There are many levels of villainy, from dashing finger to downright evil, and Jane Ann Turzillo hits them all in “Wicked Cleveland.”
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In the first part, “Sex, Vice and Rock-and-Roll”, Turzillo returns to the bad old days of downtown burlesque, crowd-hanging spots like the famous Theatrical Grill, and raids on gambling clubs. , with Eliot Ness leading the troops. She then jumps forward a few decades to the ultimately tragic story of punk rock singer Wendy O. Williams, who faced an obscenity charge after an appearance at the Agora.
Part two, “Cops, Bodies, and Crooks,” includes the story of the assassination of President William McKinley by Cleveland resident Leon Czolgosz, but also the grim 1923 murder of a Cleveland patrolman by a man who was arrested for receiving stolen goods. In 1975, a habitual bank robber broke into the Society National Bank with a fake bomb and took hostages, his chances of success diminishing as his chest pains intensified: it looked like he had left his heart medication in the car.
“Blazes, Bombs and Beer” is a catch-all chapter that traces the “burning river” back to its first recorded fire in 1868 and through its worst pollution; the Cleveland Indians’ disastrous Ten-Cent Beer Night promotion in 1974 and, the ultimate Turzillo story, the location of a bank robber who disappeared in 1969. After 50 years, Turzillo helped find out what happened to him .
Some of the stories won’t be familiar, but Turzillo’s research provides some insight into some of the most well-known stories of villainy.
“Wicked Cleveland” (128 pages, softcover) costs $21.99 from History Press. Two of Turzillo’s books, “Wicked Women of Ohio” and “Unsolved Murders & Disappearances in Northeast Ohio”, were nominated for Agatha Awards in the Best Nonfiction category.
Turzillo will sign “Wicked Cleveland” at 7 p.m. Wednesday at the Lakewood Public Library, 15425 Detroit Ave.
“Cycling Through Columbine”
Children cowered in a classroom, hiding from teenagers armed with semi-automatic weapons they had legally acquired. One of the deadliest school shootings in the United States occurred in April 1999 in Columbine, Colorado.
Akron native Robert Case, a child protection attorney, worked in the county courthouse about 15 miles away, and his thoughts on the Columbine tragedy form “Cycling Through Columbine.”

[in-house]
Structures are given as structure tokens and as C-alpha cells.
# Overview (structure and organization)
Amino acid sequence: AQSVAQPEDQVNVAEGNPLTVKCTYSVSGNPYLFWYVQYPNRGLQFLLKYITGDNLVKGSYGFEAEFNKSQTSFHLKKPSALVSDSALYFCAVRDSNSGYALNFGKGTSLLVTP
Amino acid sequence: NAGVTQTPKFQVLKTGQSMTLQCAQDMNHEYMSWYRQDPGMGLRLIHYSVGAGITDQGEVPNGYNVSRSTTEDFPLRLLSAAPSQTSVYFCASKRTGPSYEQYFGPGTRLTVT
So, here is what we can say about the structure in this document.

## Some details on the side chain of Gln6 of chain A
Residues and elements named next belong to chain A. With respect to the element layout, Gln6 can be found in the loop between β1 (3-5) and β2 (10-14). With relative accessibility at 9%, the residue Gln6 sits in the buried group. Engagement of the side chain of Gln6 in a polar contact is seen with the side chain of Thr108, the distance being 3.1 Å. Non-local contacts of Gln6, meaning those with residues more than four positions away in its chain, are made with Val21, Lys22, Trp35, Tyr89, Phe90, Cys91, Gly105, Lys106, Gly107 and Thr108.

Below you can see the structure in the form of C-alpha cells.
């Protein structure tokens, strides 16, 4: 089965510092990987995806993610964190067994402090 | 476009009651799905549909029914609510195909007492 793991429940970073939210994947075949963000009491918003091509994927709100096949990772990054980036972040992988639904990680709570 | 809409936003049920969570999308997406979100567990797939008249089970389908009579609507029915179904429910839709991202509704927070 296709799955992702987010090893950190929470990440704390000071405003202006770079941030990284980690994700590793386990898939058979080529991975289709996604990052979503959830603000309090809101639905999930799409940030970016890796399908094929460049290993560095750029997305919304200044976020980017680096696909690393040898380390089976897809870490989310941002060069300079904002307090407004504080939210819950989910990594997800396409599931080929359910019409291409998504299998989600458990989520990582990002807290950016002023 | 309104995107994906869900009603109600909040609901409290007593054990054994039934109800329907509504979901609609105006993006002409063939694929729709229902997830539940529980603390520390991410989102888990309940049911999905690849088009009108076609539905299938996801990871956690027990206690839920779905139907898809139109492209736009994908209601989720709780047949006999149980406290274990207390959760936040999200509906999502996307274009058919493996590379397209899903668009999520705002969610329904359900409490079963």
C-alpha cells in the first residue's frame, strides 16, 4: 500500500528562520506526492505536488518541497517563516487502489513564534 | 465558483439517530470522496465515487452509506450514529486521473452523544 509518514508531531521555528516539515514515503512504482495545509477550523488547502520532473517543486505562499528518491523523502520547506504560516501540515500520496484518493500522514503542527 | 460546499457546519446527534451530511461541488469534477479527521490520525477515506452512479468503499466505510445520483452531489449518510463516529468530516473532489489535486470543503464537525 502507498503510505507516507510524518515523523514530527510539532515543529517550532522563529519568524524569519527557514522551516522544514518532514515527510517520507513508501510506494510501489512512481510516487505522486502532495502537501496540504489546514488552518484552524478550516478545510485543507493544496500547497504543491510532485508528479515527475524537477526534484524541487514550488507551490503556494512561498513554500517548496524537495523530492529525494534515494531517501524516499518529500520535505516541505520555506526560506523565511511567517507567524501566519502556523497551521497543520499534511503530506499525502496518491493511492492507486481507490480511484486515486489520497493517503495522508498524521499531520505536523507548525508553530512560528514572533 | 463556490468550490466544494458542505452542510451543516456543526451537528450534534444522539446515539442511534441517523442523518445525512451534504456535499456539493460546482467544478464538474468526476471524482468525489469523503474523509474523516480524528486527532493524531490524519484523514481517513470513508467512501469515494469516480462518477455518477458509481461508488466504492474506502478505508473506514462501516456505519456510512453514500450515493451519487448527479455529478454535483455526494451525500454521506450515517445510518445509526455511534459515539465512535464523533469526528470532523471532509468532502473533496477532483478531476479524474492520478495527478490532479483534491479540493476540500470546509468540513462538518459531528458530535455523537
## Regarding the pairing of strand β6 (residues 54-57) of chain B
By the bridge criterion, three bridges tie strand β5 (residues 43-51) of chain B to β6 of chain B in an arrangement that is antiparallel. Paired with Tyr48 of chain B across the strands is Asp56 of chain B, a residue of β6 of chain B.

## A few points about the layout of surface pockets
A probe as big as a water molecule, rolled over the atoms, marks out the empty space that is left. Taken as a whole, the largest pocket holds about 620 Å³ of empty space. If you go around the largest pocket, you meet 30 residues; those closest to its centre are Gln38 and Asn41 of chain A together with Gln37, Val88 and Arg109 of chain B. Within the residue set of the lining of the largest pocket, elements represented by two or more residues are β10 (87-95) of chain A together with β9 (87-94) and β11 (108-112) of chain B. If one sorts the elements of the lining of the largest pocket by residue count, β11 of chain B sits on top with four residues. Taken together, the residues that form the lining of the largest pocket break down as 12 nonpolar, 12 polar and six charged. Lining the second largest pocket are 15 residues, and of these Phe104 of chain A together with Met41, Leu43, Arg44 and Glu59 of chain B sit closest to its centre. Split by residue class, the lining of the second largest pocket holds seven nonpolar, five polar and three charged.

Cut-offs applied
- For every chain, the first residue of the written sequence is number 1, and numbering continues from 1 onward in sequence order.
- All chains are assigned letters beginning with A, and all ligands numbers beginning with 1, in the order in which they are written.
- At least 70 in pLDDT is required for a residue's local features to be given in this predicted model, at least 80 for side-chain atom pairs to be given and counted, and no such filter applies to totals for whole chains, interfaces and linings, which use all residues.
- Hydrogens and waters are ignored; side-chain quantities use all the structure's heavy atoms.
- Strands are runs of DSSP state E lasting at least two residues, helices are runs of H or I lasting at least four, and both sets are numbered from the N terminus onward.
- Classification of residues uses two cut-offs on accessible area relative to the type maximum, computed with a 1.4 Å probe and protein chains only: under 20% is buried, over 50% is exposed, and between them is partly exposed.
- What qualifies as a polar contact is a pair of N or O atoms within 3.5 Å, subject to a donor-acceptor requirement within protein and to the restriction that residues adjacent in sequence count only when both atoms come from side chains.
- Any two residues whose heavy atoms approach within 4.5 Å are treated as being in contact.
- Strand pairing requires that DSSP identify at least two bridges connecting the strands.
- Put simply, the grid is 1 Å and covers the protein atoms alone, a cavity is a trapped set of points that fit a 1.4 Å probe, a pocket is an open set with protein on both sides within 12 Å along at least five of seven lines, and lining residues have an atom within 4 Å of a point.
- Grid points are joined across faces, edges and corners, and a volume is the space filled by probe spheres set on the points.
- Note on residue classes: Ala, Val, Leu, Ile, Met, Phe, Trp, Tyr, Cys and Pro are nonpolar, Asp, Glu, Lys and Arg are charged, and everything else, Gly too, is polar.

The book is framed by a biking trip Case took with four other men in 2017, starting on the Oregon coast with the goal of cycling cross-country. They are strangers to each other; they connected through an organization called Adventure Cycling, which also offers routes. As Case drives, he hopes to receive text messages from his daughter, now a Navy veteran, and discovers the Buffalo Soldiers of the 25th Infantry Regiment Bicycle Corps, who rode through Montana in 1896.
Case’s two children were in high school but did not attend Columbine. He was related to one of the victims, a 16-year-old boy who had been placed in a program for students with special needs. Case attended the funeral and laid flowers at a memorial. Almost 20 years later, the boy’s memory remains with him.
Men feel welcome in Oregon, with an invitation to a picnic and backyard bonfire; less so in Washington, where a sheriff’s deputy gives them a hostile reception.
A week after the Columbine shooting, the National Rifle Association was to hold its annual convention in Denver, about 15 miles away. There were massive protests.
“Cycling Through Columbine” (264 pages, softcover) is $18 from Bottom Dog Press.
Loganberry Books (13015 Larchmere Blvd., Shaker Heights): Brooke Bobincheck signs her futuristic fantasy “Blood Claws Rising: Tales of the Sanguine Empire,” 1 p.m. Sunday; Lady Poet signs her memoir “In His Eyes: Finding My Way Back to God”, Sunday at 3 p.m.
Cuyahoga County Public Library (Gates Mills Branch, 1491 Chagrin River Road): Bette Lou Higgins signs “Lost Restaurants of Cleveland,” Wednesday, 2-3 p.m. Sign up at cuyahogalibrary.org.
Morley Library: Kristen O’Neal talks about her teen novel “Lycanthropy and Other Chronic Illnesses” in a Zoom event at 4 p.m. Wednesday. Register at morleylibrary.org.
Cuyahoga County Public Library (North Royalton Branch, 5071 Wallings Road): John Grabowski speaks on “A History of Immigration and Migration to Greater Cleveland,” 7-8 p.m. Thursday. Sign up at cuyahogalibrary.org.
Cuyahoga County Public Library (North Olmsted Branch, 27403 Lorain Road): Angie Hockman, whose “The Hustler” won a Golden Heart Award in the thriller category from Romance Writers of America, talks about her romance novel “Dream On,” 7 p.m. 8 p.m. Thursday. Sign up at cuyahogalibrary.org.
Stow-Munroe Falls Public Library: Alka Joshi, author of “The Henna Artist” and its sequel “The Secret Keeper of Jaipur,” talks about his work and answers questions during a virtual event from 9-10 p.m. Thursday. Register at smfpl.org.
Bookstore of the learned owl (204 N. Main St., Hudson): TW Poremba signs “Sfumato: A Story of Love, Loss, and Hope,” 1-3 p.m. Saturday.
Chagrin Falls Town Hall (83 N. Main St.): Angie Hockman talks about “Dream On,” 1-3 p.m. Saturday. Sign up by emailing [email protected]
Victorian Reeves House and Carriage House Museum (325 E. Iron Ave., Dover): Linda Castillo debuts “The Hidden One,” 14th in her Kate Burkholder series about a police chief in a small town in Holmes County, 6:30-7:30 p.m. Saturday. Bring a lawn chair; register at doverlibrary.org.
Visible voice books (2258 Professor Ave., Cleveland): Kent State University alumnus Megan Neville launches her poetry collection “The Fallow” in a conversation with “Rust Belt Femme” memoirist Raechel Anne Jolie at 7 p.m. Saturday.
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